to provide explanation for the discrepancy be-tween the predomination of the HPV-18 subtype in Taiwan and the rest of the world, except to at-tribute it to regional-specific distribution of HPV. This controversy will remain an ongoing topic of investigation for us.

In conclusion, this study confirms the presence of high-risk HPV-18 in patients with LCNEC dis-ease. Confirmed LNPstatus can be considered a prognostic factor for this disease. Primary tumor size, age groups, surgical methods, chemothera-peutic regimens, and LNPAinvolvement do not ap-pear to be associated with survival outcomes of LCNEC patients. We hope that our seven-case expe-rience on the diagnosis, treatment, and prognosis of LCNEC diseases may contribute to improving clinical decision making for patients with this rare disease.


The authors would like to thank the pathologist, Dr Chiung-Ru Lai, MD, at Veterans General Hospital (VGH) in Taipei, Taiwan for her contribu-tion to the study. We greatly appreciate the assis-tance of Dr Jen-Ruei Chen, MD, Dr Tze-Chien Chen, MD, Dr Tsung-Hsien Su, MD, Dr Yuh-Cheng Yang, MD, and Dr Kuo-Gon Wang, MD for their help in clinical case collection. Our spe-cial thanks to Dr Chih-Long Chang, MD, PhD, and Mr Chao-Chih Wu, MSc, from Co-Lab (III) of the Department of Medical Research at MMH for their help in HPV typing tests.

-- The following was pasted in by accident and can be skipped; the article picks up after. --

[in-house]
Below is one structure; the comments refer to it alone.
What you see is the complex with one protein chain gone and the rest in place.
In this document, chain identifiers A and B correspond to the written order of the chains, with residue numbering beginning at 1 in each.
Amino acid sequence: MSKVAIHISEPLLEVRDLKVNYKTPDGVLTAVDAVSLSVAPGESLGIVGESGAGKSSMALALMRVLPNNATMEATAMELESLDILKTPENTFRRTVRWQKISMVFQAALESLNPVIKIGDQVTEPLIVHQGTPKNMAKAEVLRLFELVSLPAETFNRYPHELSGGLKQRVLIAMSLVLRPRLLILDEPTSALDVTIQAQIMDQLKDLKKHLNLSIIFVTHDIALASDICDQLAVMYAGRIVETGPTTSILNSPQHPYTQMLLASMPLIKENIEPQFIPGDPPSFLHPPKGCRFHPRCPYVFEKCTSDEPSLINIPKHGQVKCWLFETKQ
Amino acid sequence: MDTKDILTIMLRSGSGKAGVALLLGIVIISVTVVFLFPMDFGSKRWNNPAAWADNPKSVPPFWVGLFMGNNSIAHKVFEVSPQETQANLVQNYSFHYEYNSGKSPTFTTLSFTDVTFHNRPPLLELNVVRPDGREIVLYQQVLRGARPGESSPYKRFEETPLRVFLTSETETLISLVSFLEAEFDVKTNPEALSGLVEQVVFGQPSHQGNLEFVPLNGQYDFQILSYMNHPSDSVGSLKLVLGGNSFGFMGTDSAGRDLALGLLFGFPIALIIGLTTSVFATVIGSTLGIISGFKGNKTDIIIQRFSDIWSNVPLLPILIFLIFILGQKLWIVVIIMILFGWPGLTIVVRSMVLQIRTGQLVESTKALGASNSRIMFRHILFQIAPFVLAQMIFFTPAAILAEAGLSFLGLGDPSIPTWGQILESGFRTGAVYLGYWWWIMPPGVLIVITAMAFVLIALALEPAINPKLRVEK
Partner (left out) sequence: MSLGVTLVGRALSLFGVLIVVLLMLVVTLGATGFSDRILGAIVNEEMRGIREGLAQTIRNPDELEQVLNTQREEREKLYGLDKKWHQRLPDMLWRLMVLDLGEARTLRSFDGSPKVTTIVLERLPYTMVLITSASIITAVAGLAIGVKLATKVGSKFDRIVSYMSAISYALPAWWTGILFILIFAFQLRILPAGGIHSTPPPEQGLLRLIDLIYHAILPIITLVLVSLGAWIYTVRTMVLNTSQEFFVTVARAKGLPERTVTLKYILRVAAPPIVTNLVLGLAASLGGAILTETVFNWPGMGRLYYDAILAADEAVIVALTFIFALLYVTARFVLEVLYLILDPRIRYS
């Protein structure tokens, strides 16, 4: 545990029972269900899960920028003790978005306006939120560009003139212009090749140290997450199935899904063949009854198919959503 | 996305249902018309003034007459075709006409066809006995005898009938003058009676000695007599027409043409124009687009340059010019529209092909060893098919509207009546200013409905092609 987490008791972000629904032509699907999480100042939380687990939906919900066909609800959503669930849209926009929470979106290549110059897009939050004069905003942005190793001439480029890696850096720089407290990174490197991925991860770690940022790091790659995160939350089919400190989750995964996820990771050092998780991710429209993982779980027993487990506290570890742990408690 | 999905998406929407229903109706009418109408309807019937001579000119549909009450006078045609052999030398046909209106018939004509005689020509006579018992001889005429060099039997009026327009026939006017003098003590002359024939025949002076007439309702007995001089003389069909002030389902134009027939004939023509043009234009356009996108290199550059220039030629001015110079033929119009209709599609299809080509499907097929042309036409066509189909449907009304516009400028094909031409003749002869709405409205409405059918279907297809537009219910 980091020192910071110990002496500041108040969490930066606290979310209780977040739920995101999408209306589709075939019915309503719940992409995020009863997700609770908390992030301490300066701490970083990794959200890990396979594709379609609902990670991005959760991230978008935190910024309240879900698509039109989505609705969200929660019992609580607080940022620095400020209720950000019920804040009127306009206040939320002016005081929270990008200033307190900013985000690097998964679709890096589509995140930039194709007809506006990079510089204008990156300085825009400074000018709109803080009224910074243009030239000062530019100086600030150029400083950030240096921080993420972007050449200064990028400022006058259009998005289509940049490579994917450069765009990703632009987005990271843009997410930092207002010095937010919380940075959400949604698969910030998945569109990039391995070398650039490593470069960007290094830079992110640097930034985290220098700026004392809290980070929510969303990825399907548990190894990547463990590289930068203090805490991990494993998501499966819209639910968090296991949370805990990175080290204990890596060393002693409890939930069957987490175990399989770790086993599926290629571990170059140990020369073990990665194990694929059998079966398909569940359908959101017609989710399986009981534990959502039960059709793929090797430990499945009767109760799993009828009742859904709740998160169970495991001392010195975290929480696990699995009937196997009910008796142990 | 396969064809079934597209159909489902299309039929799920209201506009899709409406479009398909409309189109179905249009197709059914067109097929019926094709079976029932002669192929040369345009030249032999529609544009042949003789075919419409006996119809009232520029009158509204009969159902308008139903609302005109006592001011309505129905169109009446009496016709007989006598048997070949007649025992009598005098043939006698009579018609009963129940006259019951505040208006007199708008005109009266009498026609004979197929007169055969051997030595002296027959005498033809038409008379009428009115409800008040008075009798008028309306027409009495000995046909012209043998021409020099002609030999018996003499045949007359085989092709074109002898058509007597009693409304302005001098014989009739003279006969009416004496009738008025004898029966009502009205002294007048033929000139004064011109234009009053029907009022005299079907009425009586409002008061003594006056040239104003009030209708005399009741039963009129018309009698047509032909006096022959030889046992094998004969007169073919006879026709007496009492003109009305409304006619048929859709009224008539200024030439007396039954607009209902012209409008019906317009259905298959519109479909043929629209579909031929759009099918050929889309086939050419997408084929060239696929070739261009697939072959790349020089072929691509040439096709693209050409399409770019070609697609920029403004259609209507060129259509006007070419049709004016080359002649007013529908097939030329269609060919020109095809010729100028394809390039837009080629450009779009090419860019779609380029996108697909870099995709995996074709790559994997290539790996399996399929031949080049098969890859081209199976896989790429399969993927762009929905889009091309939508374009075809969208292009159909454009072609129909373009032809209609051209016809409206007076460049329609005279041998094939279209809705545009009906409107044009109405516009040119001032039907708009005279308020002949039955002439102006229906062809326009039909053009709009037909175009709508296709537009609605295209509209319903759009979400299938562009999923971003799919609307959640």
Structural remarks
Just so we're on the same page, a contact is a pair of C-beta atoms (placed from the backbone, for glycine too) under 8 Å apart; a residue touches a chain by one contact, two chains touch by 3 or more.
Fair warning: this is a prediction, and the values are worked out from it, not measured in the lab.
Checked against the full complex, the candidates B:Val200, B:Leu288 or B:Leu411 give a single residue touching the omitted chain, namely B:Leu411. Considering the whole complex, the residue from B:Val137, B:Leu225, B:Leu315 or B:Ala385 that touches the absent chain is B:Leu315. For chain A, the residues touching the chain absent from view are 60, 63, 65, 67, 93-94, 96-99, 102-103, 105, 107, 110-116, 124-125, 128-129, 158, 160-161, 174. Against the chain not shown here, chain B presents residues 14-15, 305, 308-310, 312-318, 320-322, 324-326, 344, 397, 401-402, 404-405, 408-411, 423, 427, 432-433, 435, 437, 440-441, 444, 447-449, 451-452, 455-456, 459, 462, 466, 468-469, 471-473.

Contributions to Authorship

KL Wang and TY Wang conceived the study, ob-tained funding, and designed the study. KL Wang, TY Wang, YC Huang, JCY Lai, TC Chang, and MS Yen were responsible for data acquisition. KL Wang and TY Wang analyzed and interpreted the data. KL Wang and TY Wang drafted the article and all authors contributed substantially to its revision. KL Wang and TY Wang were responsible


for statistical analysis. YC Huang, JCY Lai, TC Chang, and MS Yen provided administrative, tech-nical, or material support. KL Wang and TY Wang were responsible for overall study supervision; and had full access to all the data and took responsi-bility for the integrity of the data and the accuracy of the data analysis. KL Wang and TY Wang took responsibility for the paper as a whole.